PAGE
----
Tuesday, February 08, 2011

There is Still Hope in Egypt

There is Still Hope in Egypt

Few people in the free world can stomach the idea of living under a dictator, so the news of the potential collapse of Egyptian President Hosni Mubarak's regime is welcome news for many in the west.   After decades of Mubarak's total control of the country, a whole new generation has risen in the rest of the world, mainly ignorant and unaware of the fact that prior to Mubarak and his predecessor, Anwar Sadat, who signed a peace treaty with Israel in 1979, the whole area was a giant powder-keg, even worse than it is today.  The threat of war, and its danger to then entire region was ever present.

Unfortunately, especially as it turned out for President Sadat, the Egyptian Islamic Jihad, a fundamental Muslim organization, did not like the idea of peace with Israel, and in 1981 assassinated Anwar Sadat.  His successor was Hosni Mubarak.

One of the things that most westerners do not understand, mainly due to a woefully pitiful interest in world history, is that all the Islamic nations are governed either by very strong dictators or they are in a constant state of internal trouble, or they have foreign governments on their soils doing the same thing the dictators do, enforcing the rules and keeping the peace with a strong military presence, something that is hated even more than the dictators.

(The very idea that the west can "win" in Iraq or Afghanistan or perhaps Pakistan or Iran shows a pitiable misunderstanding of the Islamic culture.  They consider their land holy and the "infidel" foreigners unholy, and will never really stop fighting until either the foreign dogs leave or the last one of their numbers is killed.)

The west is now excitedly proclaiming that Egypt is about to become a democracy, even while the Muslim Brotherhood and other such organizations stir up the people, hope for a complete collapse of the government and a power vacuum into which they can boldly stride, either as the "saviours" of a country in chaos, or through a western led election process, which they will play along with until they have total control and can throw the infidel dogs out.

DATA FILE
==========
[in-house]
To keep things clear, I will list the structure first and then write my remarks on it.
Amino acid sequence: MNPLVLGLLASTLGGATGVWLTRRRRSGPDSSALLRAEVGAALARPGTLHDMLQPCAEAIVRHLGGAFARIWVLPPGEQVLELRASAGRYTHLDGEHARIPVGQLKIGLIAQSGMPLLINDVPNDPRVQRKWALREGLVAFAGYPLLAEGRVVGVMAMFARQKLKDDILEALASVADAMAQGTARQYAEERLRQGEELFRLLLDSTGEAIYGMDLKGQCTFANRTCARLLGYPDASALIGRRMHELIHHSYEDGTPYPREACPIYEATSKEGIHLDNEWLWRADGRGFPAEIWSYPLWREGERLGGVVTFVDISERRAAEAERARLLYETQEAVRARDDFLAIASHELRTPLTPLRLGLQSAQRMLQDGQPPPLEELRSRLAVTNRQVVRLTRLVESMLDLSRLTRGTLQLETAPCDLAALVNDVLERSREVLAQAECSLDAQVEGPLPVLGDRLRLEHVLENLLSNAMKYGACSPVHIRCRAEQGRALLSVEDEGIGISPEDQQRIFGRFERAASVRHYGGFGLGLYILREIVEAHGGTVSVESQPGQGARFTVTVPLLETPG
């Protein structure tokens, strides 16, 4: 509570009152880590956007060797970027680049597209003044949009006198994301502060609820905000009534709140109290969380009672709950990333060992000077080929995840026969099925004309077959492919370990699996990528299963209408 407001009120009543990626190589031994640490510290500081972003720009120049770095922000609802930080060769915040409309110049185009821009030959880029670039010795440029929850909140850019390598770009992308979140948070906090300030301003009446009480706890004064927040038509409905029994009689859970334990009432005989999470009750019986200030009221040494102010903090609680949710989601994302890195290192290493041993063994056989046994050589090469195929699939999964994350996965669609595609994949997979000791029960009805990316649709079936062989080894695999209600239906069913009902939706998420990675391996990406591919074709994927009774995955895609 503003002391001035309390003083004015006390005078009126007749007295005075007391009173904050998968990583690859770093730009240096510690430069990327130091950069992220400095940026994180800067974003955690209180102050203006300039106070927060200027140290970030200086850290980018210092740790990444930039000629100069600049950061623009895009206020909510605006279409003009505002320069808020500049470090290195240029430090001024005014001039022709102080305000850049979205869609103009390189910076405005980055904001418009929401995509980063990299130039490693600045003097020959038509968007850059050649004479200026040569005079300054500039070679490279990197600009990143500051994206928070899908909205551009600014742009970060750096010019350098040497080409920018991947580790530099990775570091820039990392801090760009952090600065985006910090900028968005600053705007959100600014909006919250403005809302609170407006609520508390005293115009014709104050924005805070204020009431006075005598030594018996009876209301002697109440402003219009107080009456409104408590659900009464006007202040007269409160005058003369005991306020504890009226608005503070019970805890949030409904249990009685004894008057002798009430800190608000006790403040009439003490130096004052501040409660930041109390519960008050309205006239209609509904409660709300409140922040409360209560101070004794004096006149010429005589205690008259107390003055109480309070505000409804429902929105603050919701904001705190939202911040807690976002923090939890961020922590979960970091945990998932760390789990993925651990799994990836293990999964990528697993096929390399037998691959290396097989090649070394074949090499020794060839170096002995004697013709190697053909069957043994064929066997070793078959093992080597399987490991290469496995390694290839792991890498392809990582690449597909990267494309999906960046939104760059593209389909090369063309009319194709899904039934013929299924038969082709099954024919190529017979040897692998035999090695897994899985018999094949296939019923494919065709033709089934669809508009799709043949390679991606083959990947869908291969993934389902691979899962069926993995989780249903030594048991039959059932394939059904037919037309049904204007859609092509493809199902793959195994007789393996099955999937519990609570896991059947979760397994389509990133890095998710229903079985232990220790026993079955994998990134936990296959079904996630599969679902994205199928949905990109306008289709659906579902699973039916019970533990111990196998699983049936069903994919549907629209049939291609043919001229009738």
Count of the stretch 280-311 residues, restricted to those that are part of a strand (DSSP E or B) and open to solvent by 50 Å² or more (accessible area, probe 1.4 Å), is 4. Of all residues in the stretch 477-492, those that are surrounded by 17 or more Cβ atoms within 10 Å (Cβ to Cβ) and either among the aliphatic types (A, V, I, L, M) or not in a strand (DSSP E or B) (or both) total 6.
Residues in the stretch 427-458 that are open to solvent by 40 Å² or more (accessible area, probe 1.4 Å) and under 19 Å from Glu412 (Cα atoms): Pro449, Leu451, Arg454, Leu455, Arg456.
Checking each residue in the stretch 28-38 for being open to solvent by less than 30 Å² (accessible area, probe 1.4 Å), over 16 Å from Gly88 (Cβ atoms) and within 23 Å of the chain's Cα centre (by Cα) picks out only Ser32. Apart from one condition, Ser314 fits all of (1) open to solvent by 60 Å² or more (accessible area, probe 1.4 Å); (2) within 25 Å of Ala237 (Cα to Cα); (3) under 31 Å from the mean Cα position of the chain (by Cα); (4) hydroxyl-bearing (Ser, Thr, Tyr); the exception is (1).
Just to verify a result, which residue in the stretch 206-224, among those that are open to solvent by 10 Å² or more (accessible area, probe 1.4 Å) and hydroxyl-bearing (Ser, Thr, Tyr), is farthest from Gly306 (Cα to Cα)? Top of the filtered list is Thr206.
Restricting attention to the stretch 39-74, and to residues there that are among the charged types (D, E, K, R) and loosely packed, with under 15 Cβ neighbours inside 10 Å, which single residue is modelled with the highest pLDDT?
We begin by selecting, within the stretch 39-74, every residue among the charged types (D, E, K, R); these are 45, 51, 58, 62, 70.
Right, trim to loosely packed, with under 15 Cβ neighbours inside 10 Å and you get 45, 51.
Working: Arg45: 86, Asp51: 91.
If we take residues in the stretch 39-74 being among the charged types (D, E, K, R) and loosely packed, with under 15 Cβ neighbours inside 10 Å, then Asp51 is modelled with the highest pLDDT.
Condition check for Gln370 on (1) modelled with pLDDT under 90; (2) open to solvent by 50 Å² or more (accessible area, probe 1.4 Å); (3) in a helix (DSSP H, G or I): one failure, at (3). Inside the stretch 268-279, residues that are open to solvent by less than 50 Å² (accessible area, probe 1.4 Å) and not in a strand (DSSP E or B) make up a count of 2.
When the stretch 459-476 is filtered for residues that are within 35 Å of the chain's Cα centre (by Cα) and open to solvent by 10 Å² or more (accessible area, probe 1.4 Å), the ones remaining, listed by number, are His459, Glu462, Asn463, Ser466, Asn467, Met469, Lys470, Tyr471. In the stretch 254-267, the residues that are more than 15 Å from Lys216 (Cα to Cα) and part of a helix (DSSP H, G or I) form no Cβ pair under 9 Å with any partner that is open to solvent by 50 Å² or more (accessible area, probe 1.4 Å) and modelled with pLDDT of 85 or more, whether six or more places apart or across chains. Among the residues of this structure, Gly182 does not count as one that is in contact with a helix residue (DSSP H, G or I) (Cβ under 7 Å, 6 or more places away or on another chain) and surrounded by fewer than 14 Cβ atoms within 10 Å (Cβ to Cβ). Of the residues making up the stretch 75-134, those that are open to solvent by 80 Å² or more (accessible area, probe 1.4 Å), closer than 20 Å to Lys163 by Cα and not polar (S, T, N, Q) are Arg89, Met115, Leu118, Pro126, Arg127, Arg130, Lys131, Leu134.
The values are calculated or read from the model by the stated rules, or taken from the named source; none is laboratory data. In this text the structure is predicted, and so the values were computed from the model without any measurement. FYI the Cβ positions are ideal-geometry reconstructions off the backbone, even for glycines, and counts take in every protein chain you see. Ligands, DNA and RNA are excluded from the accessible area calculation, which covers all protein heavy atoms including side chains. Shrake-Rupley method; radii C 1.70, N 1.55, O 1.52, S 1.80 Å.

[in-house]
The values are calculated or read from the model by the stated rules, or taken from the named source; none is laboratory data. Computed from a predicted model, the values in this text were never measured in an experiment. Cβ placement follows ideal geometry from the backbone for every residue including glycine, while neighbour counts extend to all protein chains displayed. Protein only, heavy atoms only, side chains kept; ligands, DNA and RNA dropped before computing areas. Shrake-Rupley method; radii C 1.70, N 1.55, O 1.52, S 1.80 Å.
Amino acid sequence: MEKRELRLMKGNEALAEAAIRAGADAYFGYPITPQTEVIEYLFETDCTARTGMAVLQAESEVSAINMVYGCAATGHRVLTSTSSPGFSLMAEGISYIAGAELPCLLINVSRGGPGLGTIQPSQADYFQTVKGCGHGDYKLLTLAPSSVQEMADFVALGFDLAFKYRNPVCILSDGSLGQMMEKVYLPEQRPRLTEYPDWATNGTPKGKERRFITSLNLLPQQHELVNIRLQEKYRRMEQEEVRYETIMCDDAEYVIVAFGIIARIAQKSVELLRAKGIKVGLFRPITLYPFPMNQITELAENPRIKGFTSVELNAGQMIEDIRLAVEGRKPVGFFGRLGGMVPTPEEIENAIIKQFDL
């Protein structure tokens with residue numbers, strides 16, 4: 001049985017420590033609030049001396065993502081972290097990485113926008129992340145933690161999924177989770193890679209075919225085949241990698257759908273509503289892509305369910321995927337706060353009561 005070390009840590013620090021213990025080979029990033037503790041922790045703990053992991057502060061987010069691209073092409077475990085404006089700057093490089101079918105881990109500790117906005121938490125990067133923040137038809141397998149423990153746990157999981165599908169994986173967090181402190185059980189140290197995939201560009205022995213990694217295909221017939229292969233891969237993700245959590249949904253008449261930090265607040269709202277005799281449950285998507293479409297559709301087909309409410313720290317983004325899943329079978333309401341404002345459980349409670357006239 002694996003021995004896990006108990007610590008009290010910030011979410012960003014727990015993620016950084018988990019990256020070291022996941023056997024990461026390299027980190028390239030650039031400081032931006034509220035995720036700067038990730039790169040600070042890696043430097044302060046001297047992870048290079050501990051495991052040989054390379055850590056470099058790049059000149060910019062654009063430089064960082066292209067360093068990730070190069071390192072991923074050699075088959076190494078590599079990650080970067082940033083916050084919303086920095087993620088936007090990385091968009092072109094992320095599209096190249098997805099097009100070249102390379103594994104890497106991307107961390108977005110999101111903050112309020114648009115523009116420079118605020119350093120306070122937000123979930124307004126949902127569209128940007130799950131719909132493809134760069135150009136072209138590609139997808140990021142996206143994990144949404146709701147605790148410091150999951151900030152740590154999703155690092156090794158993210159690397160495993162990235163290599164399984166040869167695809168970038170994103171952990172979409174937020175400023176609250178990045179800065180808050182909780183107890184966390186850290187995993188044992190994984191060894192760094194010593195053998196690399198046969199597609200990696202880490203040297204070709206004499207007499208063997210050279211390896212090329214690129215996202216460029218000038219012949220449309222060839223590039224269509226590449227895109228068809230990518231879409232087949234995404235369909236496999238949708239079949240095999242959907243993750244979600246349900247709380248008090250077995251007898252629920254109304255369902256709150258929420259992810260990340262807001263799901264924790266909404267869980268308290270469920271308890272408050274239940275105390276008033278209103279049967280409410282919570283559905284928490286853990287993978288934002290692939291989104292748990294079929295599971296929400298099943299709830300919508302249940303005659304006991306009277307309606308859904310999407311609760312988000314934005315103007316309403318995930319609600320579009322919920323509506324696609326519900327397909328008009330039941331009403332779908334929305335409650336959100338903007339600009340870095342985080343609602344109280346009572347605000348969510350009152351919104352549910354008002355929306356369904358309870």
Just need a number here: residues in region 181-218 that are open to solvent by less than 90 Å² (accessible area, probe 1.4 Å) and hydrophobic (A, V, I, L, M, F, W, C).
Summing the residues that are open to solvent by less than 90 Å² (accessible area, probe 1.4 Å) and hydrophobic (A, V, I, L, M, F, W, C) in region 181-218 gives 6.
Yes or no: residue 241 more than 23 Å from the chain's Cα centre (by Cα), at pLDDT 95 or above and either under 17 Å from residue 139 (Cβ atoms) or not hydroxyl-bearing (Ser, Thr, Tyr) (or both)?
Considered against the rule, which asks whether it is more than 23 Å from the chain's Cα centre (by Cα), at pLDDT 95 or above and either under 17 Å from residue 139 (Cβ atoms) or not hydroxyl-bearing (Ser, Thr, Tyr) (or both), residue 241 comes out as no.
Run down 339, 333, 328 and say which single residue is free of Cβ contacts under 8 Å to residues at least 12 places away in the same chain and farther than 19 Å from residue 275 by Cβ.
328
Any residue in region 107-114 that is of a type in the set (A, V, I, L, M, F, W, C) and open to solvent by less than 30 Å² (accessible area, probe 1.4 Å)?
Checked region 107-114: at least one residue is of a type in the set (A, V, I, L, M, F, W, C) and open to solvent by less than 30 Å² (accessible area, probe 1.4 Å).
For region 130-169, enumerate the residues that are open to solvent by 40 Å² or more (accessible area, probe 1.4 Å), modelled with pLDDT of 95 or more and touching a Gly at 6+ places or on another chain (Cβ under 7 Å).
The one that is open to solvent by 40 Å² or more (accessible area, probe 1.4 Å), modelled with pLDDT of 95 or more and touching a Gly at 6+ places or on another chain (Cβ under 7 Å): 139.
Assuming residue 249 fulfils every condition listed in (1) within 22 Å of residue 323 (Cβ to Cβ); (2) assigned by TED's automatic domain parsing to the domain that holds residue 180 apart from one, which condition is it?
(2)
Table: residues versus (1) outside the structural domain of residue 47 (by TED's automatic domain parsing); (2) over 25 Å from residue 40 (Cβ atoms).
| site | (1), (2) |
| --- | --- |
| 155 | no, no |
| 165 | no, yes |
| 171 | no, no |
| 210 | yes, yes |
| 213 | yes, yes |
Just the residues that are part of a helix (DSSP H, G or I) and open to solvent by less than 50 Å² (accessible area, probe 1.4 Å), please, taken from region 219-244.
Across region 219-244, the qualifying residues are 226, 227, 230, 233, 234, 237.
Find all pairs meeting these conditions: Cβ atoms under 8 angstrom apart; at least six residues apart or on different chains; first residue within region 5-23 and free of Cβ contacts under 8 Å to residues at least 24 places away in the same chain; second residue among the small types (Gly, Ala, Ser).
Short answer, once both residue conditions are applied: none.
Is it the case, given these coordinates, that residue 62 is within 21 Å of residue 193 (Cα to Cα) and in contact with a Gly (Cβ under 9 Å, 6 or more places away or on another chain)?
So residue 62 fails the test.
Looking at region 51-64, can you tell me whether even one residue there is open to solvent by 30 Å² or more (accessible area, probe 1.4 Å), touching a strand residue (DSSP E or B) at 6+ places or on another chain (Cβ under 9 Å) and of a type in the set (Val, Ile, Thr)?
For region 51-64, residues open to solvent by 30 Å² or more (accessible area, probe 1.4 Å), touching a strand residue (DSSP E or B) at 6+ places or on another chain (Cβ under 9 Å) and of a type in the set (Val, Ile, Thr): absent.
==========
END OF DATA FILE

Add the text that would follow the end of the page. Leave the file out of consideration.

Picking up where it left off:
The very idea that we in the west would support such government as the Muslim Brotherhood would most certainly impose upon Egypt is hideous.  Already, Egypt is under Sharia law, but a moderate form that has been heavily monitored and controlled under President Sadat, and then President Mubarak.  However, the very powers that plotted to successfully assassinate Sadat are still plotting, still waiting to put the country under their brand of Sharia, where women have no rights of any kind, and any idea other than fundamental Islam is forbidden under pain of death.

Some, even today, have the audacity to proclaim that we in the west have no right to say anything against what is going on in Egypt.  They will loudly tell you that Egypt has the right to plot their own course and their own, hard-earned democratic and free society.  To them, I will say, it's high time you started relying on something other than the evening news for your understanding of world events, and high time you became a student of history!  There will be no democracy there, any more than there was in Afghanistan under the Taliban.

The greatest hope for Egypt (and the middle east) is for everything to truly cool down, as it presently seems to still have a very slim chance of doing, and for Mubarak to manage to appease the people long enough to pass over the rule to someone this generation will find more palatable, while still being a strong enough leader to keep the lid on the explosive reality that IS any country in the Islamic world.

Will it happen?  Maybe.  Will Egypt stay quiet?  No.  It's too late.  It is inevitable for all the countries in the region to eventually be fully under the control of those who hate Israel and her allies, and for all out war to be once again waged on Israel.  The signs are everywhere, and they are growing stronger every day.  But should we give hearty approval to it?  NO!  Whatever our personal beliefs may be, our own security in the west depends on peace in the middle east.  So whether we care about the people of the middle east (we sure should), or only about our own skin and comfort, we should pray that things settle down in Egypt and that they go into this new decade with a moderate but very strong leader that they can live with.

That's my opinion.

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